Dr. Thomas J Hugh Dr. Jaswinder Samra
Dr. Thomas J Hugh
MD, FRACS
A/Prof. Jaswinder Samra
D Phil (Oxon),
FRCS (Eng & Ed), FRACS

The Unit also consists of a dedicated Cancer Nurse Coordinator, a Hepato-Biliary Surgical Fellow, two general surgical registrars, experienced operating room and ward nurses, two resident medical officers, administrative support and a full time data manager.  Dr Hugh and A/Prof. Samra teach surgical trainees regularly and they also undertake clinical research in the field of liver cancer.  Both surgeons are executive board members of a cancer research group called “CanSur”. This is based in the Kolling Research Building on the RNSH campus.  Dr Hugh and A/Prof. Samra are involved in numerous clinical research projects specifically in the field of colorectal liver metastases.  As part of this research, the HPB Unit has created a large tumour tissue “bank” where a small sample of each patient’s tumour and a piece of normal liver are separately collected and snap frozen for later research analysis.  These specimens provide a unique and valuable opportunity to analyse the potential causes and biomarkers of this cancer.

What is the prognosis following a diagnosis of Colorectal Cancer?

In patients with cancer confined to the bowel and who undergo an operation, the overall chances of cure are approximately 55%. About 20% of all patients with bowel cancer present with liver metastases and a further 20% will develop liver metastases at a later stage. Many of these patients are suitable for surgery to remove their liver tumours. In patients with isolated liver metastases and who undergo complete resection, approximately 50% will be cured of their disease. This is a dramatic improvement in survival outcome over the past 20 years compared with the past.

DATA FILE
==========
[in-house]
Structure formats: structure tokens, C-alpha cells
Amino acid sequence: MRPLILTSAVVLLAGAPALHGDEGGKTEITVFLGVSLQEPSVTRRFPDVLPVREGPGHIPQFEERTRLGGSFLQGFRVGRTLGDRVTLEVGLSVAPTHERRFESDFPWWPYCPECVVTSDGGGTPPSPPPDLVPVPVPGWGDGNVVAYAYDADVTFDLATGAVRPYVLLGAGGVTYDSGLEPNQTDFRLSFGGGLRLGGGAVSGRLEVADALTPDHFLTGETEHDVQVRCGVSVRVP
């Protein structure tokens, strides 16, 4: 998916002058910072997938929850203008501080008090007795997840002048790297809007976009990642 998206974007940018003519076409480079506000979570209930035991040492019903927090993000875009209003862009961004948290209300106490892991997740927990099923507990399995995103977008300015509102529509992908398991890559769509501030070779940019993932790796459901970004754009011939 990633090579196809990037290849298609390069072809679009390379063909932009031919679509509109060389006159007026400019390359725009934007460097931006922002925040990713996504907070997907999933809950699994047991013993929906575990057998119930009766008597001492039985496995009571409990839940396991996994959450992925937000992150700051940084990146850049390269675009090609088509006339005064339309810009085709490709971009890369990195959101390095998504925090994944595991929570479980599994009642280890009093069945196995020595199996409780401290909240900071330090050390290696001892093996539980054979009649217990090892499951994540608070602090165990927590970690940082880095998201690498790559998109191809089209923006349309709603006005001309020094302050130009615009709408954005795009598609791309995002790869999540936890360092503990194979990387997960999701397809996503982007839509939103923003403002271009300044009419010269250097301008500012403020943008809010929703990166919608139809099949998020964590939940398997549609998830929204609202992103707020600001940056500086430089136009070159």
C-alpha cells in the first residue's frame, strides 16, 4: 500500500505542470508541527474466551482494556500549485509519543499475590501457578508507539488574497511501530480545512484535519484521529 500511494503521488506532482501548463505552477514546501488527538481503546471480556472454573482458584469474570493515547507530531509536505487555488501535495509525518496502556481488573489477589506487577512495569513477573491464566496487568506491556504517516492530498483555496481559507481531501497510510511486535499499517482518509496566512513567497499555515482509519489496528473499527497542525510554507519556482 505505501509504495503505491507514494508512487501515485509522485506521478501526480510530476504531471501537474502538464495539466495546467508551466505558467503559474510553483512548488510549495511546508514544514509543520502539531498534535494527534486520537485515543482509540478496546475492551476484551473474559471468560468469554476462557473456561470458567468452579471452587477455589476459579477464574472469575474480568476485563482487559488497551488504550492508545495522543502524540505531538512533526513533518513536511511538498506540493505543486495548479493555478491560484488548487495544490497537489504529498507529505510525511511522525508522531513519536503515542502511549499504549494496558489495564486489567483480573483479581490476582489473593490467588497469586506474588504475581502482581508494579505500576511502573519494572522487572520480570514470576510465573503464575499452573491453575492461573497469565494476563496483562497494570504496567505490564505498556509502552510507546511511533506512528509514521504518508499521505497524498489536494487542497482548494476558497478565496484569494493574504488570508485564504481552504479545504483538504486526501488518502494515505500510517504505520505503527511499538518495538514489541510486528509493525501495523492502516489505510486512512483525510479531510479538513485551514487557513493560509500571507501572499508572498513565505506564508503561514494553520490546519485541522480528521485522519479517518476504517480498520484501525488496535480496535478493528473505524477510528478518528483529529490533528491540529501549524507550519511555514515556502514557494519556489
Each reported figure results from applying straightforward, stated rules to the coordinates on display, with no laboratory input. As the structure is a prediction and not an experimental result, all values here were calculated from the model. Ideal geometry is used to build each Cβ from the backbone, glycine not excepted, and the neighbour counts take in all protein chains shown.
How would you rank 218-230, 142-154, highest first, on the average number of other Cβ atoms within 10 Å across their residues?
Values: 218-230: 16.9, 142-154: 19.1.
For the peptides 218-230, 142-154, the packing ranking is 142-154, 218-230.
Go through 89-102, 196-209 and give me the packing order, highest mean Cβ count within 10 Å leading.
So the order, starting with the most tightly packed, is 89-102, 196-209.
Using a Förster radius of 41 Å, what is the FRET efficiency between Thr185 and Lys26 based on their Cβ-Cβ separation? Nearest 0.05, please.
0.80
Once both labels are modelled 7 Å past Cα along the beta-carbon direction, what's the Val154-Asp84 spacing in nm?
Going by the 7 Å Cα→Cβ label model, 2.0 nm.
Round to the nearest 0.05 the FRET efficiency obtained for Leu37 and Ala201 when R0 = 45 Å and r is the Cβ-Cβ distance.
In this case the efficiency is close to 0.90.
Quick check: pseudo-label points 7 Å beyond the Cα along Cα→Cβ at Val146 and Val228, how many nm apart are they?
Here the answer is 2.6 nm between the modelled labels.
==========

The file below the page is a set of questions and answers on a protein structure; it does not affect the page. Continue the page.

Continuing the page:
Can this disease ever be totally cured in Australia?

Reducing known risk factors for colorectal cancer is the most important preventative measure that will reduce the incidence of this disease. This includes increasing physical activity and consuming a diet rich in fruit and vegetables, cereals and wholegrains and minimising the consumption of tobacco and alcohol. Screening high risk patient groups is likely to pick up early disease and it is anticipated that this will also reduce the death rate. Bowel screening is now common practice for at-risk groups in Australia. This involves second yearly testing of stools for occult blood and, if positive, subsequently undergoing a colonoscopy (a telescope examination of the bowel). A large amount of research into colorectal cancer is occurring worldwide and there are encouraging signs that breakthroughs in treatment will soon be available.

The Hepato-Biliary surgeons in the Northern Upper GI Surgical Unit (Dr Hugh and A/Prof. Samra) are very interested in research that might identify factors within tumour tissue or within patients’ blood that will predict the presence of malignant cells. The hope is that this will lead to a screening test that will pick up disease at an early stage and lead to a greater chance of cure. If such a screening test could be developed this would have a significant impact on reducing the incidence of death from colorectal cancer.

How can you support Colorectal Cancer research in the Northern Sydney area?

By making a donation to the research foundation associated with the Northern Upper GI Surgical Unit. The ultimate aim of this foundation is to establish a full-time cancer research scientist within the CanSur laboratories in the Kolling Building so that the surgeons can work closely with this individual to undertake laboratory-based cancer research. It is likely that significant treatment breakthroughs will only come through molecular cancer research on human tissue and this is only possible by close cooperation between clinicians and full-time research scientists. Our tumour bank and large clinical experience in the treatment of colorectal liver metastases provide an excellent opportunity to undertake this research. However, this requires funds to help establish this research scientist position. Any donation that you feel you could make would be helpful towards this purpose. Donations can be made directly to the Upper GI Surgical Unit by Tel: (02) 9438 2277.